Yellow-vested marshals would guide the marchers to their destination around the State Capitol and up the steps to the State St. entrance.

He cautioned everyone not to respond to any counter-protestors that may be present.

“We represent Jesus Christ,” Deacon Martin said. “Please respond with love and kindness.”

No noticeable counter-protest was seen at the march.

Another aspect of the march called for participants to visit their representatives.

Kim Wadas, executive director of the Wisconsin Catholic Conference, the public policy voice of Wisconsin’s bishops, gave some advice how to approach and communicate with lawmakers or their staffers.

She also made them aware of current legislation in the State Assembly and State Senate, the Heal Without Harm initiative, banning the sale and use of body parts from aborted babies, which she called a “top priority piece of legislation.”

Wadas encouraged everyone not to threaten the lawmakers or staffers, but to be persuasive and to thank them.

“Thank you all for your participation. It’s vital and extremely important,” Wadas said.

Marching to the Capitol

As people exited St. Patrick, umbrellas were hurriedly opened, hoods were quickly raised over people’s heads, signs were held, and a line formed ready to head to the Capitol.

As the January rain continued to come down, the peaceful march went on to the sight of all those outside during the noon hour in downtown Madison. The line of marchers took up more than one side of the block around the Capitol.

As everyone gathered at the top of the steps, at the State St. entrance, Monsignor Holmes led a prayer of thanksgiving.

“Almighty God, we come before you, first, as we always must, in gratitude and thanksgiving for your countless blessings. We give you thanks for the gift of life, which you have made the basis of every other gift that you give us.”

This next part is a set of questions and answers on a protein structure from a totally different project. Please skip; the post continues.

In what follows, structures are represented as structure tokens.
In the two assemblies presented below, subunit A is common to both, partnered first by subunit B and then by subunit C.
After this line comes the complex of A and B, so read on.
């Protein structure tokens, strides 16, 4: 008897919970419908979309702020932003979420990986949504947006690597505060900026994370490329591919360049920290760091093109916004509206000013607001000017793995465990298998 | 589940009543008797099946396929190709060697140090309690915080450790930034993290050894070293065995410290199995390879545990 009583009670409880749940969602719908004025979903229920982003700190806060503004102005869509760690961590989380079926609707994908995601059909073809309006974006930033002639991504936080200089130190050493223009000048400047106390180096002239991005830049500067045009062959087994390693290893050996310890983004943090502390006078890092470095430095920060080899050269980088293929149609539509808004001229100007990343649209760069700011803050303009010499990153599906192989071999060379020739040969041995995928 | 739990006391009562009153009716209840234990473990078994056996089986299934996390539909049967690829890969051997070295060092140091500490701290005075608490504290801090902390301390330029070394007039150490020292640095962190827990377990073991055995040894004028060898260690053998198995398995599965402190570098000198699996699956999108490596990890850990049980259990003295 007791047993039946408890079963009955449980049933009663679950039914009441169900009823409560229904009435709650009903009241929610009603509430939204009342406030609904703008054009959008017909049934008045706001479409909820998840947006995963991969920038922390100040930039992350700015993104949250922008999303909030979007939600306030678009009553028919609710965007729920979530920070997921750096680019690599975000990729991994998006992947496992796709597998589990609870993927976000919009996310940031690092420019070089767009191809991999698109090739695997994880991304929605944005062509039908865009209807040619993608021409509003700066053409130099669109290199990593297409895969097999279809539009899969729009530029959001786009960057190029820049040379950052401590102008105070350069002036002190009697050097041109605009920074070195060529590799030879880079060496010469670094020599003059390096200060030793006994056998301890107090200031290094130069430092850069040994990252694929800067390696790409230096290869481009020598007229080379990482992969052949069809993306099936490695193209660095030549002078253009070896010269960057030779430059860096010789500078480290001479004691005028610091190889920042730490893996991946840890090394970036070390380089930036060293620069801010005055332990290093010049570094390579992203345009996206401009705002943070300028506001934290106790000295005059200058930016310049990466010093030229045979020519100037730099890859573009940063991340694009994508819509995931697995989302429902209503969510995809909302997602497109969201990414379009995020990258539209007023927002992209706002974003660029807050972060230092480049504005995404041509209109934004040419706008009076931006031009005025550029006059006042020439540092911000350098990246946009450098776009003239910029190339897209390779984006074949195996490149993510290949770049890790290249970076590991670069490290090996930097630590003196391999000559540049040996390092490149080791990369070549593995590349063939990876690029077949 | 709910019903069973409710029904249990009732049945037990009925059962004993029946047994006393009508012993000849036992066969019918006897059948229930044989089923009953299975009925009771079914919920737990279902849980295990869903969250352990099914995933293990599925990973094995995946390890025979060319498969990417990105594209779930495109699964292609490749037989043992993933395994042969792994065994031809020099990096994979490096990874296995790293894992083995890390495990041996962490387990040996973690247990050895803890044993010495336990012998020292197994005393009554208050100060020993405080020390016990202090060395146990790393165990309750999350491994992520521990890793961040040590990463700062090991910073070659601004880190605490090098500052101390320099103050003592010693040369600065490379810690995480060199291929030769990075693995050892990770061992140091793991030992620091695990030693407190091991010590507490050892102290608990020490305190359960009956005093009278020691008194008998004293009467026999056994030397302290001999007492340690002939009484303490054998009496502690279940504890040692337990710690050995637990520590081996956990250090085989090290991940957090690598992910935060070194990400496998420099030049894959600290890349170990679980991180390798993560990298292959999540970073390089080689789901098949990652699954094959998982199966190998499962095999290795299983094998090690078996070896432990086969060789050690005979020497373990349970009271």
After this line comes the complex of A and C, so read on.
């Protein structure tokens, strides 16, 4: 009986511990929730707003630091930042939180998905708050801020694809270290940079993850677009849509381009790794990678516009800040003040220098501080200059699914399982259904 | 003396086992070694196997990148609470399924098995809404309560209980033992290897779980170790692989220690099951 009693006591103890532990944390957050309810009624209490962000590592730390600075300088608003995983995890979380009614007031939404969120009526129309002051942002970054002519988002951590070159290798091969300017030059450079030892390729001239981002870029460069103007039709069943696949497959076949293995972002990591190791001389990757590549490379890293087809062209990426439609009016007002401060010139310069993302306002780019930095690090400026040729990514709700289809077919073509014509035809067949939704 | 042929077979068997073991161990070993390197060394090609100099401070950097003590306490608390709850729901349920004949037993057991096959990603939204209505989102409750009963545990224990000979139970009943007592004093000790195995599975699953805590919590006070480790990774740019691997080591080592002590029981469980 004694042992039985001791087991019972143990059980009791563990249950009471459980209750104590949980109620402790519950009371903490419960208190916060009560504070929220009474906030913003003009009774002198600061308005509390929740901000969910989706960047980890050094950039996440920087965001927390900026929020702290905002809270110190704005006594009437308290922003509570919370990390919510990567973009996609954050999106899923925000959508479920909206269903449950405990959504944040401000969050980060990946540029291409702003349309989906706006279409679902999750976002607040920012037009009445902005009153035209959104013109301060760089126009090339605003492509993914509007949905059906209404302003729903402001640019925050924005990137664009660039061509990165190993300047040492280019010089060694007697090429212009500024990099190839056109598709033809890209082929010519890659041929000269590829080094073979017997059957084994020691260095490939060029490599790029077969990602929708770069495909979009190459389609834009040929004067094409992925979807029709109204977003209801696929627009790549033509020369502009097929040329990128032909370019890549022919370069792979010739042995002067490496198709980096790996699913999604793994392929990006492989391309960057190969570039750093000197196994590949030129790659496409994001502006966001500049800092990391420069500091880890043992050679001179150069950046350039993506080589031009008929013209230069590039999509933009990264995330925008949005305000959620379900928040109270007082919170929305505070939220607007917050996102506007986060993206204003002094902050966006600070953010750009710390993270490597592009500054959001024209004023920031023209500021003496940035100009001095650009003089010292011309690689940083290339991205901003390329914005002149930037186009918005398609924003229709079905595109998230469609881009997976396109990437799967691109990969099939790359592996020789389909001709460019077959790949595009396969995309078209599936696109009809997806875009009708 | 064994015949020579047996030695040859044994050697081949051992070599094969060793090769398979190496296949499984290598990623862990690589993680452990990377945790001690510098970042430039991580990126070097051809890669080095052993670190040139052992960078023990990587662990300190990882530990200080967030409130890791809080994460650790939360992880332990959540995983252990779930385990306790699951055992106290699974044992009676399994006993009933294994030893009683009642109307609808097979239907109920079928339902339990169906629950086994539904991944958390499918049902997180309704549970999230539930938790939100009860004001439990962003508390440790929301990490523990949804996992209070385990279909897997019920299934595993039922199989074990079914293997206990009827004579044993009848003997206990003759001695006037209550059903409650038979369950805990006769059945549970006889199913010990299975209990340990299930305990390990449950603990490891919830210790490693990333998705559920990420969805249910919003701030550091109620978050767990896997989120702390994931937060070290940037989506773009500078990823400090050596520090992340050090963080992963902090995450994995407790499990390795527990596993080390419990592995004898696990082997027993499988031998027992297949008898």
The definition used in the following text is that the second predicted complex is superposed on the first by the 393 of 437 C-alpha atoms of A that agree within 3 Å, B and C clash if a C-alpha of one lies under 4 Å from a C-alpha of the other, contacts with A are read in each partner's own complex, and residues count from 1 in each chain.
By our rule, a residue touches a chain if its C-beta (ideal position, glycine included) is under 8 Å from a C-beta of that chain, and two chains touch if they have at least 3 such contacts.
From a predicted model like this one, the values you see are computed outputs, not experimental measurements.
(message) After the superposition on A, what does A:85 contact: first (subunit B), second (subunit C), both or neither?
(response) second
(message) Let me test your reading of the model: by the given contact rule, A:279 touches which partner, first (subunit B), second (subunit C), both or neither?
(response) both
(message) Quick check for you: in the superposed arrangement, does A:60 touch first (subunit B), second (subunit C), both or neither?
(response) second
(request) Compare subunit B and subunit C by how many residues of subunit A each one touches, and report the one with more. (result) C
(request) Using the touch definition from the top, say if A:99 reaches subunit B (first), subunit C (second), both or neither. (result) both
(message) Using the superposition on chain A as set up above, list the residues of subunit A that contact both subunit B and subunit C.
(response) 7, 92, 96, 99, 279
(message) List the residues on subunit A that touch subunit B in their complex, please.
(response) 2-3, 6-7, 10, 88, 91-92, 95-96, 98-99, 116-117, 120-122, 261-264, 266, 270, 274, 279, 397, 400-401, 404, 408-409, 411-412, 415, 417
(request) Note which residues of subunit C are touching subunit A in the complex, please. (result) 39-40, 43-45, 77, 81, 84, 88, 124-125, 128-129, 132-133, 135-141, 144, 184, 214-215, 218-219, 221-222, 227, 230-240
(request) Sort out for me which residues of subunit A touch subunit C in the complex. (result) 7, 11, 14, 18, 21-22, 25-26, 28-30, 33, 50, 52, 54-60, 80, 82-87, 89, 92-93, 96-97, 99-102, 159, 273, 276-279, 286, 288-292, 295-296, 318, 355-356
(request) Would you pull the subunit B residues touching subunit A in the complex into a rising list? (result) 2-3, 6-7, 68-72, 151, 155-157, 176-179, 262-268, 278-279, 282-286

He added, “We give you thanks for whatever opposition, scorn, or hatred that we encounter in giving witness to the sanctity of life in accord with the words of your son in the Beatitudes that we are blessed because our reward will be in heaven.

“Above all, we give you thanks that no human life is forgotten by you; that you care for every person created in your image; that even when the time that a person spends in the world is terribly brief, you have prepared a home for each of them that lasts forever.”

The prayer was followed by 60 seconds of silence for those who have lost their lives to abortion in the past 45 years.

The participants went inside the Capitol and took one of dozens of roses and the name of a state lawmaker to whom to give it.

Being a Monday, and with less than favorable weather, many state lawmakers were not in their offices, but some people got to talk to staffers who were on hand to receive the rose or messages.

The march in Madison coincided with similar ones in Chicago, Washington, D.C., and around the country, all marking the Roe v. Wade anniversary.

Please support our advertisers: